The American Girl Julie Albright Books List

The Original Central Series:

Meet Julie
Julie Tells Her Story
Happy New Year, Julie
Julie and the Eagles
Julie’s Journey
Changes for Julie

The Best Friend Book

Good Luck, Ivy

The Julie Mysteries

The Tangled Web
The Puzzle of the Paper Daughter
The Silver Guitar
Lost in the City

The BeForever Books:

The Big Break: A Julie Classic Volume 1—A compilation of the first three Julie Albright Central Series books (Meet Julie, Julie Tells Her Story, and Happy New Year, Julie).

Soaring High: A Julie Classic Volume 2—A compilation of the last three Julie Albright Central Series books (Julie and the Eagles, Julie’s Journey, and Changes for Julie).

A Brighter Tomorrow: My Journey with Julie

Ramadan
I shot this video of the Chalice Dancers who performed during Sunday service at Paint Branch Unitarian Universalist Church in Adelphi, Maryland on June 1, 2014. They did a rainbow dance where they not only focused on all the colors that make up a rainbow but they also tied each individual color to each of the Seven Principles of Unitarian Universalism.

Ramadan
Last Saturday I wanted to do something fun after I went through a bunch of CD’s to determine which ones I wanted to keep and which ones I should get rid of after ripping the songs that I really like to my MacBook. The weather was warm but not too hot while the humidity wasn’t too bad either so I decided to go to Artscape in Baltimore. (The fact that the festival was free was definitely a plus for me.) I walked around for a few hours and I mostly had a good time. I also took a whole boatload of photos and I uploaded three videos on to YouTube. So, anyway, here it goes!

Everywhere you went at Artscape there were lots of live music and vendors selling their arts and crafts.

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I took the next few photos of this booth because some of the t-shirts said things like “Poly Girl Rock” and “Run Poly” (the latter is a parody of the famous Run-DMC logo) because one of my friends from my Unitarian Universalist congregation came out publicly as a polyamory person (along with her principal partner whom I also met through my church—I have never met any of their other paramours) and she has given media interviews about polyamory while also leading an organization called Practical Polyamory. I later uploaded these photos to Facebook while I tagged her name.

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There were all kinds of trucks. Some of them sold food and beverages while others provided services like providing free testing for STDs and HIV/AIDS.

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There were also interesting people to photograph on the street as well.

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Someone made a statue of a sea turtle using recycled plastic shopping bags.

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I’d never thought I’d ever see the National Bohemian beer (a.k.a. Natty Boh) mascot rendered in real life.

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Artscape 2014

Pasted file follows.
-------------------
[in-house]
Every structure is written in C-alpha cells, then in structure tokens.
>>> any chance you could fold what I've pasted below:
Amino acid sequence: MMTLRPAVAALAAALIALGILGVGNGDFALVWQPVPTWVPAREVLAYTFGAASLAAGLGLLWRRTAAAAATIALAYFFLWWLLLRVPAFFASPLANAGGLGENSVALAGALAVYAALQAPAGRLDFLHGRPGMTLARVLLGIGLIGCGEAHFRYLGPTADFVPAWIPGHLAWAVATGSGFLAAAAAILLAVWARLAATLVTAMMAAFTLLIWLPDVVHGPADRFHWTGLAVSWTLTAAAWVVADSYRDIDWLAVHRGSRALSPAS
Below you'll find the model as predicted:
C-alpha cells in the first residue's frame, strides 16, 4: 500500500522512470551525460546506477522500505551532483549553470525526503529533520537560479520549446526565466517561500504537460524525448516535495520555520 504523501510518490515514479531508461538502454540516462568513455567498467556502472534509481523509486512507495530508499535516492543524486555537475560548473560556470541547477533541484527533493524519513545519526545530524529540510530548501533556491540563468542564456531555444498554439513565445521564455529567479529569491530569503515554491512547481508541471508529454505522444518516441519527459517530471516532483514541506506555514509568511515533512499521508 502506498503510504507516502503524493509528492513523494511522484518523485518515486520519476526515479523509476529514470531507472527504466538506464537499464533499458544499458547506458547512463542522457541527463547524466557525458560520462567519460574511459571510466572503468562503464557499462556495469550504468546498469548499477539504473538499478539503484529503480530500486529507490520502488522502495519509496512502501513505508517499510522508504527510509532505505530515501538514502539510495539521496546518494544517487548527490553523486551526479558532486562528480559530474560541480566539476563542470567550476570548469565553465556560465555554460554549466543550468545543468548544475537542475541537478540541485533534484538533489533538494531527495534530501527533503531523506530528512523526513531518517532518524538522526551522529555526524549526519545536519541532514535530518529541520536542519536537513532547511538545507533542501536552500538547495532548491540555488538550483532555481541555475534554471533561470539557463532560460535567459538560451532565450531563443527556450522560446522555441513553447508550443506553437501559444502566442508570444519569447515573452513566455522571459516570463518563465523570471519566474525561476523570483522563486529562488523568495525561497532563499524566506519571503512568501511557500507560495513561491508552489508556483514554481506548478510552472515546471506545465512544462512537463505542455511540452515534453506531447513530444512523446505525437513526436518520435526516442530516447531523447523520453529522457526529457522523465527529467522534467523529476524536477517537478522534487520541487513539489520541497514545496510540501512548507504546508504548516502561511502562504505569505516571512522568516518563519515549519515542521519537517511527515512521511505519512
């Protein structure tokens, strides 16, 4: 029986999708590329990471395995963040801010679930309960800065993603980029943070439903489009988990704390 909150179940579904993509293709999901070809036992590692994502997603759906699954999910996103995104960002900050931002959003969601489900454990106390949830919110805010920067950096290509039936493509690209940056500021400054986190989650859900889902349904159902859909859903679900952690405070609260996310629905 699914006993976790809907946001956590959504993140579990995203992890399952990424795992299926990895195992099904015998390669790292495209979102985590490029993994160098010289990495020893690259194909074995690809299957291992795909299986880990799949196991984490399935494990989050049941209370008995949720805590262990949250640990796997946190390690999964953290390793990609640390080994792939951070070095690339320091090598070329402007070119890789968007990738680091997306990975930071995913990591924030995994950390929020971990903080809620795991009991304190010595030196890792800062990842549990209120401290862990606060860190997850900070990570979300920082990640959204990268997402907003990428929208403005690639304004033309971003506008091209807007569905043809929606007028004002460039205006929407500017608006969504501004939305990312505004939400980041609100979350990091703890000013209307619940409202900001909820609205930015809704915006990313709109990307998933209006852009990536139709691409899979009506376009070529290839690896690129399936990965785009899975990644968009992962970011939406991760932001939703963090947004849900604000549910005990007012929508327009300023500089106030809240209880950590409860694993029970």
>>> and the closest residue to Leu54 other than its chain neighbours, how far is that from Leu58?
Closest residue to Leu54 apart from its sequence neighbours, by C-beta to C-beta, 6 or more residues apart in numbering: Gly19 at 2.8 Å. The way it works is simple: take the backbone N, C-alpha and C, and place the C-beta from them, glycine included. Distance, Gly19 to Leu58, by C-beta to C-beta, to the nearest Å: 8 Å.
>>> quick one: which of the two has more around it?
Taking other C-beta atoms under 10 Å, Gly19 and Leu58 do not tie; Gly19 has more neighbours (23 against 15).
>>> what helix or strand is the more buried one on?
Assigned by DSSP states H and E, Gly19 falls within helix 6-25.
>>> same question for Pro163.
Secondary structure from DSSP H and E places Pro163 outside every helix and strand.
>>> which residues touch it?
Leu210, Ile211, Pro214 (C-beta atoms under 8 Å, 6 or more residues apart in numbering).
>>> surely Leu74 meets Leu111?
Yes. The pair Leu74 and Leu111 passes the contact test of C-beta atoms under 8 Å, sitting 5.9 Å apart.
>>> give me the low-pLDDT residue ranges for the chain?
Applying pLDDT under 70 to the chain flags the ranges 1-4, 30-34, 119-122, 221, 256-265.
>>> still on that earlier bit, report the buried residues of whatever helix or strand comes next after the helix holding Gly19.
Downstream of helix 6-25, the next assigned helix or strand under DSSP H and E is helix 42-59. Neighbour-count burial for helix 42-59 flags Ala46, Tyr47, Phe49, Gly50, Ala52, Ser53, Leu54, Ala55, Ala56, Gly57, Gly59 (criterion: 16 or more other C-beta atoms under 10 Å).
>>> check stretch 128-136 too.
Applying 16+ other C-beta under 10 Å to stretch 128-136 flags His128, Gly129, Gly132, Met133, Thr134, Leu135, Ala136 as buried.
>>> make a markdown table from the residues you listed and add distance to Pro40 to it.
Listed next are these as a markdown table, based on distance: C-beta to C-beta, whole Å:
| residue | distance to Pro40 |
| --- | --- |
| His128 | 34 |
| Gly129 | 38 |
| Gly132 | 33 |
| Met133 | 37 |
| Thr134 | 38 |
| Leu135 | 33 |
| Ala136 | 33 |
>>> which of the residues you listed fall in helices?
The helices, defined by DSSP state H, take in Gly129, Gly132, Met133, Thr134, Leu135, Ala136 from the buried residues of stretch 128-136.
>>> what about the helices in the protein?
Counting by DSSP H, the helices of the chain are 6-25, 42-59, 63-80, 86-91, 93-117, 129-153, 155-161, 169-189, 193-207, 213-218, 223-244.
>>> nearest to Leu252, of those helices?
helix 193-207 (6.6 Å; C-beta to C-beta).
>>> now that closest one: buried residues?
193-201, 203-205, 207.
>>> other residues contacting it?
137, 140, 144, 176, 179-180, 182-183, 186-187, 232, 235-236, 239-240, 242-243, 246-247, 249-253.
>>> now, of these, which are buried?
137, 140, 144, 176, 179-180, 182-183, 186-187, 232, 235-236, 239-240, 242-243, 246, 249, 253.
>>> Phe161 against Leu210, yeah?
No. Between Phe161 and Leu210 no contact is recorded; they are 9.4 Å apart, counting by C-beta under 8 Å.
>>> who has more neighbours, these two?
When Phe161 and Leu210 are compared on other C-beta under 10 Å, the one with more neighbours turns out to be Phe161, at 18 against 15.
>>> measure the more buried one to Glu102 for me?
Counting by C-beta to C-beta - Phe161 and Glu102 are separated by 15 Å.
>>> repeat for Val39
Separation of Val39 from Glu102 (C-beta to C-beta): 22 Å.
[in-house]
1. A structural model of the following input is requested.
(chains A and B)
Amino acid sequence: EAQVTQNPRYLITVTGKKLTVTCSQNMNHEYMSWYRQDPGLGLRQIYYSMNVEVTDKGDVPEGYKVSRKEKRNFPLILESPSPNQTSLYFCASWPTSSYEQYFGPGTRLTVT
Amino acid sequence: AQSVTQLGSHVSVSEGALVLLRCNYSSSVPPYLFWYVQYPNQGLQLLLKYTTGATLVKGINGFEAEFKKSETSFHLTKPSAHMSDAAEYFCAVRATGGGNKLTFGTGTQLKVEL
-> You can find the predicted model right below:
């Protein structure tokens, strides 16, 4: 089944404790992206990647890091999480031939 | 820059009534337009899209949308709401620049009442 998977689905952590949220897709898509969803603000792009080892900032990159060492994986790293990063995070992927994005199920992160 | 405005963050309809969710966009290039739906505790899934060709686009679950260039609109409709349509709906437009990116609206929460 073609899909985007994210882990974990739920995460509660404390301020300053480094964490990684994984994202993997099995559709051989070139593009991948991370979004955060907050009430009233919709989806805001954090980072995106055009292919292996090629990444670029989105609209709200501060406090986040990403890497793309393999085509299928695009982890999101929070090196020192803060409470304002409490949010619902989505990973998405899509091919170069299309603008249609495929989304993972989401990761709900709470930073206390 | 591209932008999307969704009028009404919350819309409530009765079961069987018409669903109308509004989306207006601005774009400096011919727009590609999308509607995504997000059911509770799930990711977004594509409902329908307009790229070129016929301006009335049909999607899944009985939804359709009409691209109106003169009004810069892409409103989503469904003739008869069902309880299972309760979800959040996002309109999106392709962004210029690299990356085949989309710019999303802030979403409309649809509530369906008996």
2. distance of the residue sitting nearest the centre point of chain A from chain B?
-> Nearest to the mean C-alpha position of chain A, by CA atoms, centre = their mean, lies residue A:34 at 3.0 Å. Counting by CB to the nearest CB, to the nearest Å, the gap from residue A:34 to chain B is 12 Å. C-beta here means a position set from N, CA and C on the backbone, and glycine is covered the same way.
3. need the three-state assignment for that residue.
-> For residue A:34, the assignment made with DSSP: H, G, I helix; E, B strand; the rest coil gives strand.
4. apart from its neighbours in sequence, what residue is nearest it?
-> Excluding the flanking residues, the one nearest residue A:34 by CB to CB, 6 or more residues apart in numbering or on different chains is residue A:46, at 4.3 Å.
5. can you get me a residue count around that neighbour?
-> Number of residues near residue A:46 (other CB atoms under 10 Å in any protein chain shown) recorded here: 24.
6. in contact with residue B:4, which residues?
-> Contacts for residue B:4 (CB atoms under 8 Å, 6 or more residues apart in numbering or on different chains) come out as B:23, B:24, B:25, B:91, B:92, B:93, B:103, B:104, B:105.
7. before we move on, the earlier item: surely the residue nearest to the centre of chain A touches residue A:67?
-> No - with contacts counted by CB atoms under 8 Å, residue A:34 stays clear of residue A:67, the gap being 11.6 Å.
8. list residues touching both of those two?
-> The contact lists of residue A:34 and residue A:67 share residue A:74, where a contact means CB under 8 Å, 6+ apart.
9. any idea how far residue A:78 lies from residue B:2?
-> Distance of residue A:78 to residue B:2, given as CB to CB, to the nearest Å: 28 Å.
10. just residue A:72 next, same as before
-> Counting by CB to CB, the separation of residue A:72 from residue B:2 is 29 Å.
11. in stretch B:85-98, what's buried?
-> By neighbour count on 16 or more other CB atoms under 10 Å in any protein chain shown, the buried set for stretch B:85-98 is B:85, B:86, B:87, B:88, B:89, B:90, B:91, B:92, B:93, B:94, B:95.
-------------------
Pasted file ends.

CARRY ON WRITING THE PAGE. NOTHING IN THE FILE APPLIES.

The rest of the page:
There was an area dedicated to building the World’s Largest Art Park where, for a $5 donation, people could paint bricks that will ultimately be used to create such a park. I regretted not doing this myself but money was so tight for me that I had to literally hang on to all the cash that I had on me at the time. I would love to see the entire park when it’s finished.

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There was this merry-go-round carousel which rotated and it had sculptures of a chicken drumstick, and ear of corn, and a crab claw.

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There was a protest/community art project where people could write on Post-It Notes what they would prefer the Baltimore City Public Schools to spend its money on other than standardized tests.

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It was around the time that I took the previous picture that I happened to run into some people I knew from my childhood growing up in Glen Burnie, Maryland who recognized me while I didn’t recognize them until they gave their names. I already wrote at length about that encounter so I’ll just say here that I was less than thrilled with seeing those two women again and I was glad when they left after speaking with me for a couple of minutes. (Too bad I didn’t run into anyone from my college years at the University of Maryland at College Park. I would’ve been way happier and delighted because, to be honest, I prefer my college friends over my childhood friends.)

After they left I faced a dilemma. I had reached the north end at Artspace on Mt. Royal Avenue and there was still more to see on Charles Street. Normally I would walk back down Mt. Royal Avenue towards the Mt. Royal Light Rail Station then walk up Charles Street but I really didn’t want to risk encountering those women from my past again. (My previous post has all the details why I didn’t feel warm and fuzzy about seeing them again.) I looked on the map on my smartphone and found that I was not only close to North Street but I was also close to The Wind-Up Space, where I go to attend the Baltimore chapter of Dr. Sketchy’s Anti-Art School. I found that I could walk along North Street towards The Wind-Up Space and turn right on Charles Street and I could pick up the rest of the festival at the other end. So I did just that and I didn’t have any further encounters with those two women from my old neighborhood (nor anyone else from my Glen Burnie days, for that matter). I also took some more photos along the way to North Street.